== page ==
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diskant rewind: Bargain Bin Culture #11

Posted: July 11th, 2008, by Wil Forbis

(Originally posted October 2003)

Bargain Bin Culture by Wil Forbis

[A note from your editor…] Wil has been a busy man recently, and so you have been neglected from reading his deranged columns of late. I assure you that he is on the case and will be submitting new things very soon, but for now, may I present you with a couple of movie reviews which Mr Forbis has written in one of his ‘other lives’? You might not feel that these are strictly relevant in this day and age (ie, the films are quite old), but hey, that’s all you’re getting. Enjoy!

The Fantastic Forbis world of Film

Evil Dead II: Dead by Dawn (dir: Sam Raimi)

Recently a friend of mine satiated my quest for 80’s kiddie porn by lending me a copy of the Molly Ringwald classic, 16 Candles. Upon its return my friend insinuated that I should reply to the favor by lending her a copy of one on the many fine films in my video collection. “How about Evil Dead II?” “I asked. “It’s just like 16 Candles, but with more flying zombies!”

In truth, Evil Dead II – Dead By Dawn is undoubtedly one of the greatest films ever made. Directed by Sam Raimi (Of current A Simple Plan fame) and starring his childhood friend, Bruce Campbell (a modern day Buster Keaton) the film is essentially a remake of the first Evil Dead with a much bigger budget. Really more of a comedy than a horror flick (albeit a comedy where all the characters either die or are hideously tortured) the plot ghosts the story of its predecessor – young people arrive in spooky house, summon forces of evil and then wackiness ensues. A lot of what keeps the film becoming a cliché of the Friday the 13th part 7 variety is Campbell’s wonderful overacting; he seems to have a continual body tic that offsets his “boy next door” good looks with spastic twitching. He then proceeds to heighten that effect with quietly mumbled curses in the flavor of Elmer Fudd.

Also impressive is the pure physical abuse Campbell takes during the film: he’s thrown from a car window, repeatedly smashed into trees, maniacally saws off his own demon-processed hand and has enough dishware smashed against his head to knock out Iron Mike. One gets the feeling that if Campbell wasn’t available for the role it would have gone to Roger Rabbit.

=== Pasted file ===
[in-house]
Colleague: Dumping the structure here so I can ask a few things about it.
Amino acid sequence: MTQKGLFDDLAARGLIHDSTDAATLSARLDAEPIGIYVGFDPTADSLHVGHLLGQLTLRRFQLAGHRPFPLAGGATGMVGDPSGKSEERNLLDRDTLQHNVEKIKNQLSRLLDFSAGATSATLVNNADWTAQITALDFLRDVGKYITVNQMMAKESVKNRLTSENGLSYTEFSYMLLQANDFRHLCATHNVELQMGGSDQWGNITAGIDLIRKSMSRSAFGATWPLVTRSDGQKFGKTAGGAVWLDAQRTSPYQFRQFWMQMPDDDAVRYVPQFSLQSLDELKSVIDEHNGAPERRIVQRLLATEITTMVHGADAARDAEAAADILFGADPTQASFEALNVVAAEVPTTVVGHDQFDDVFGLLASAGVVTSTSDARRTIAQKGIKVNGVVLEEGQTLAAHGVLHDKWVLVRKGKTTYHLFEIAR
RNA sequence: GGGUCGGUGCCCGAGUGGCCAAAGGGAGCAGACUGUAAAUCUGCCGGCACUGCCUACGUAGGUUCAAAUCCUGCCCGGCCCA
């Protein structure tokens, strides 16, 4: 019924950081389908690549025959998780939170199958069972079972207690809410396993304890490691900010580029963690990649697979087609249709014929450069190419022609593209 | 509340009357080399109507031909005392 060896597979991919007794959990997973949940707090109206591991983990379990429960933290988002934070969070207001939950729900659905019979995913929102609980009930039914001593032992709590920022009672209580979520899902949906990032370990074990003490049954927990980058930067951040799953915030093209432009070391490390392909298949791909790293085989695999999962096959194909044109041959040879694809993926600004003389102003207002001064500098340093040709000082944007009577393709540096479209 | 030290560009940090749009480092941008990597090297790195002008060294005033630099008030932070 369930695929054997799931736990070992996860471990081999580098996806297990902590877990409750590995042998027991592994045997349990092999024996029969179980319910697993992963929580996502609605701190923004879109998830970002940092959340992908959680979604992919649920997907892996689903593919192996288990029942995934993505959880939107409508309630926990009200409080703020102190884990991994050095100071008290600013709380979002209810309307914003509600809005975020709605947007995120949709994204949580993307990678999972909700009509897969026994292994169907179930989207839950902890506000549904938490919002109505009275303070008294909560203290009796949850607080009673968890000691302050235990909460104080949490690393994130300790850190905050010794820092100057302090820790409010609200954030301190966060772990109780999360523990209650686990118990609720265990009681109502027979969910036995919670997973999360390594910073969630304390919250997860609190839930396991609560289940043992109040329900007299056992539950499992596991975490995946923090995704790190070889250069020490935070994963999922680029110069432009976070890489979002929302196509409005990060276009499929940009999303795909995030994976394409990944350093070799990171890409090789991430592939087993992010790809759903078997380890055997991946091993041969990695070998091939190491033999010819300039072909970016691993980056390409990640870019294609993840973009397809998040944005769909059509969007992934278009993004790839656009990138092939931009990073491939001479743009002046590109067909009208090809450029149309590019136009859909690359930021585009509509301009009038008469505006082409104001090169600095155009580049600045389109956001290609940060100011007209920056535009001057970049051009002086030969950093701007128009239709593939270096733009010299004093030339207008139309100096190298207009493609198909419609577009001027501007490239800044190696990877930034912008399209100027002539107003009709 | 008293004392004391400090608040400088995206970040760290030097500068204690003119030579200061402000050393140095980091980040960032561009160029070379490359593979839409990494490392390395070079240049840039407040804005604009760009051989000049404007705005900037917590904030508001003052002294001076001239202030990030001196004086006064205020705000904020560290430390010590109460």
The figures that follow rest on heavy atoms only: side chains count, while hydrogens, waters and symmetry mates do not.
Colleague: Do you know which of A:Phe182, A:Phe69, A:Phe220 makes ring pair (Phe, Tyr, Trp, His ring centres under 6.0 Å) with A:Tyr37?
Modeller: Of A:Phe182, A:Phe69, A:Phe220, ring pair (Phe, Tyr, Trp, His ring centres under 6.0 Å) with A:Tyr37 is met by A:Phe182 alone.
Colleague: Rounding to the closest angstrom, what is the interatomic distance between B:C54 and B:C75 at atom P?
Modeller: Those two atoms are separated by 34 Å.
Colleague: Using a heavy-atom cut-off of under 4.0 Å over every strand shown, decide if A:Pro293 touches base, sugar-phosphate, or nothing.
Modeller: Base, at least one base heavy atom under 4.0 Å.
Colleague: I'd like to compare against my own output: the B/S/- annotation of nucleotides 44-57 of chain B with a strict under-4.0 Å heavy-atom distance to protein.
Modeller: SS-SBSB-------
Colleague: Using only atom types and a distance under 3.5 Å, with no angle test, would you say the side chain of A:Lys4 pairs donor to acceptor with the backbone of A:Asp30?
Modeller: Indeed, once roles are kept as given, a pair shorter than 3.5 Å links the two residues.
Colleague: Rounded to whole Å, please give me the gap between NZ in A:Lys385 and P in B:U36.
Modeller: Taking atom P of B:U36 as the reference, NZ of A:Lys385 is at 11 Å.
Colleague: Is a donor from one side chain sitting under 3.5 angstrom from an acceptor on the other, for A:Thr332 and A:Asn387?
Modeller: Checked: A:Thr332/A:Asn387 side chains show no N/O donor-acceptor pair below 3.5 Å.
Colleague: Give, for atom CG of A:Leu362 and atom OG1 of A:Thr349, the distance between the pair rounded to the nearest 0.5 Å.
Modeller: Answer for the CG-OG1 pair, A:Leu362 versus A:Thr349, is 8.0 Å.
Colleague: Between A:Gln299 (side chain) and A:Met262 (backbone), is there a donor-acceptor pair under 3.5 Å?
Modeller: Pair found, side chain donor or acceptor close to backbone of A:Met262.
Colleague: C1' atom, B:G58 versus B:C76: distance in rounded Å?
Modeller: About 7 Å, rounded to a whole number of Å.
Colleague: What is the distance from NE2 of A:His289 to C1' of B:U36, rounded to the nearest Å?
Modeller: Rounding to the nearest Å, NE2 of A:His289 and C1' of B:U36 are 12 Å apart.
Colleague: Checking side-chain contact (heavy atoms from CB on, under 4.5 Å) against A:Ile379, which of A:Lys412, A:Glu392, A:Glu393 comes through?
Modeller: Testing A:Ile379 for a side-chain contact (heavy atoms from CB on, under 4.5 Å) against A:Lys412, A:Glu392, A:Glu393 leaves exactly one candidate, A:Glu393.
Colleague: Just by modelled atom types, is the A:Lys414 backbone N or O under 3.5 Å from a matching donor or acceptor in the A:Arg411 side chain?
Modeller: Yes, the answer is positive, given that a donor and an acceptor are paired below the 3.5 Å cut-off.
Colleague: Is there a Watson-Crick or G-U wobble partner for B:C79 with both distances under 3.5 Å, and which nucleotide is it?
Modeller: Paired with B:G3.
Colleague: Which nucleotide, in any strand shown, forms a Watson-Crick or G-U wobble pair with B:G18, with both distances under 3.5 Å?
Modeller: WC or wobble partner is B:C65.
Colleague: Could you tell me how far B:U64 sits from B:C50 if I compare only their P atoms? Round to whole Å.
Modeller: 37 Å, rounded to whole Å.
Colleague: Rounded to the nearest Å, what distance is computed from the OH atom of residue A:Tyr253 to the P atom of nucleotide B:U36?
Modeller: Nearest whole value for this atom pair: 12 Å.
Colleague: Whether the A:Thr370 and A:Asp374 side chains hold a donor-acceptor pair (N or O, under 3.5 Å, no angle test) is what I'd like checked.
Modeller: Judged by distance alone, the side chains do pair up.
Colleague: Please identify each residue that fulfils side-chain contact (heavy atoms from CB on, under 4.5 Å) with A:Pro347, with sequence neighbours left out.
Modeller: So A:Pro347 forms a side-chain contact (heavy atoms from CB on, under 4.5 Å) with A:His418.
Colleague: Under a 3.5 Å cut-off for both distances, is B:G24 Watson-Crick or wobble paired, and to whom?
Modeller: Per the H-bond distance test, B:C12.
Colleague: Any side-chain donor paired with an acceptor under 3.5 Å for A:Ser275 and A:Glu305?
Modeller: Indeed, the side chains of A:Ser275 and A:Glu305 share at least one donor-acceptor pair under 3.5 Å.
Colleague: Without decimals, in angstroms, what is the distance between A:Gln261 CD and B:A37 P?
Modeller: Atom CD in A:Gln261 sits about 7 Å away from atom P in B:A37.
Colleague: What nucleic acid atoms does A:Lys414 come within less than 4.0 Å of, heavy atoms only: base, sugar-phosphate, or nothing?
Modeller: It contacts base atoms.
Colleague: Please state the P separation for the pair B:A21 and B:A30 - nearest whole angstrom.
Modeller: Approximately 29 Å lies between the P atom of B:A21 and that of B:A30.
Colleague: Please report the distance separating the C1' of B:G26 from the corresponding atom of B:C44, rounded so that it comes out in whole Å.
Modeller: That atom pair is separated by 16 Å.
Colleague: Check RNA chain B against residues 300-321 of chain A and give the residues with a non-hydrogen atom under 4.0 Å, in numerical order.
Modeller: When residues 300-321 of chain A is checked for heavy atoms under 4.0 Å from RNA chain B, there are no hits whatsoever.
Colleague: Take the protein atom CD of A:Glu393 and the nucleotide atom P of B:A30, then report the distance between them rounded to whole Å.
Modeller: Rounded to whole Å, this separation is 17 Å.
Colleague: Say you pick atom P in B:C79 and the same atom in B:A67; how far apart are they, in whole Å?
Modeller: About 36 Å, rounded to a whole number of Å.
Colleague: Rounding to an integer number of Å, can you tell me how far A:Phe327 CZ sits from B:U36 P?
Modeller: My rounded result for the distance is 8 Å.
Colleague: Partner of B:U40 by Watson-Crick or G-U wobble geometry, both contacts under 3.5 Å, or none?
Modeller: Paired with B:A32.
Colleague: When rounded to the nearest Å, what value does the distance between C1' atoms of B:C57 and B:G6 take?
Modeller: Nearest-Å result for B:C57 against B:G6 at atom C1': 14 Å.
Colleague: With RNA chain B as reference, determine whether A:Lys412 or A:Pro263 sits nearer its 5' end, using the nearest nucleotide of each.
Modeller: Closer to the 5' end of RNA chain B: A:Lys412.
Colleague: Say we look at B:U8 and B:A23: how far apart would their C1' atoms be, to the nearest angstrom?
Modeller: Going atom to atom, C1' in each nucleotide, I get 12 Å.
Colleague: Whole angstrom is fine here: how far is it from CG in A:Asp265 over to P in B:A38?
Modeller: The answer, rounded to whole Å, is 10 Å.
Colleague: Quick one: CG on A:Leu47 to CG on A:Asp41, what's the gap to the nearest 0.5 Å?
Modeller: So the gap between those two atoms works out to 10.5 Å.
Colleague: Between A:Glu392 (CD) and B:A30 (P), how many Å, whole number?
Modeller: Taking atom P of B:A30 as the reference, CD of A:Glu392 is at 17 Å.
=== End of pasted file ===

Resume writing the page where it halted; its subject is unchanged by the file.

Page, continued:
Despite the underlying farcical nature of the film, there is a moody eerieness. Raimi is one of the few directors who can use a fog machine in a way that doesn’t remind you of a 1989 Whitesnake concert and also has some patented violent camerawork that continually disorients the viewer and creates the illusion of panic. His “rushing along the ground” shot that represents an evil force we never really see is perhaps the most instantly recognizable and identifying camera shot of any director. (Though I just recently read the idea wasn’t Raimi’s but some forgettable AD or something.) There’s also some great claymation work right out of the Ray Harryhausen catalogue that it its own way seems far more impressive than the computer generated effects of films such as Deep Impact or Jurassic Park. You can see the elbow grease that goes into claymation; it’s strikingly obvious that the only way to create such effects is to diligently manipulate clay and camera for what must be days. The purity of the effort overcomes the obvious limitations on realism.

So the film moves along, humorously eliminating its human characters while Bruce Campbell’s alter ego, Ash, progresses from a nervous simp, to a kick-ass, battle ready simp. The plot leads directly into what was essentially the third Evil Dead, Army of Darkness. All three films are vital to any connoisseur of cult, but I do believe it is the second Evil Dead that stands the strongest. Evil Dead II also made a minor contribution to pop culture that I never really noticed until a visit to my friend Dan’s House, this past summer. “You know,” I mentioned. “I don’t think you really saw zombies with eyeballs until Evil Dead II” (A large grinning and eyeballed, zombie stares out from the EDII poster.) And this is true. The old style zombies of the Christopher Lee mummy films to even Ed Wood’s work have no apparent vision devices. But a few years after Evil Dead II, films like Return of the Living Dead (another classic, the film that got me into Punk Rock) or Scooby Doo on Zombie Island appeared, featuring zombies with full ocular abilities. I know many of you have often wondered when the undead first appeared with functioning eyeballs and hopefully this goes a long way towards answering your question.

Kids (dir: Larry Clark)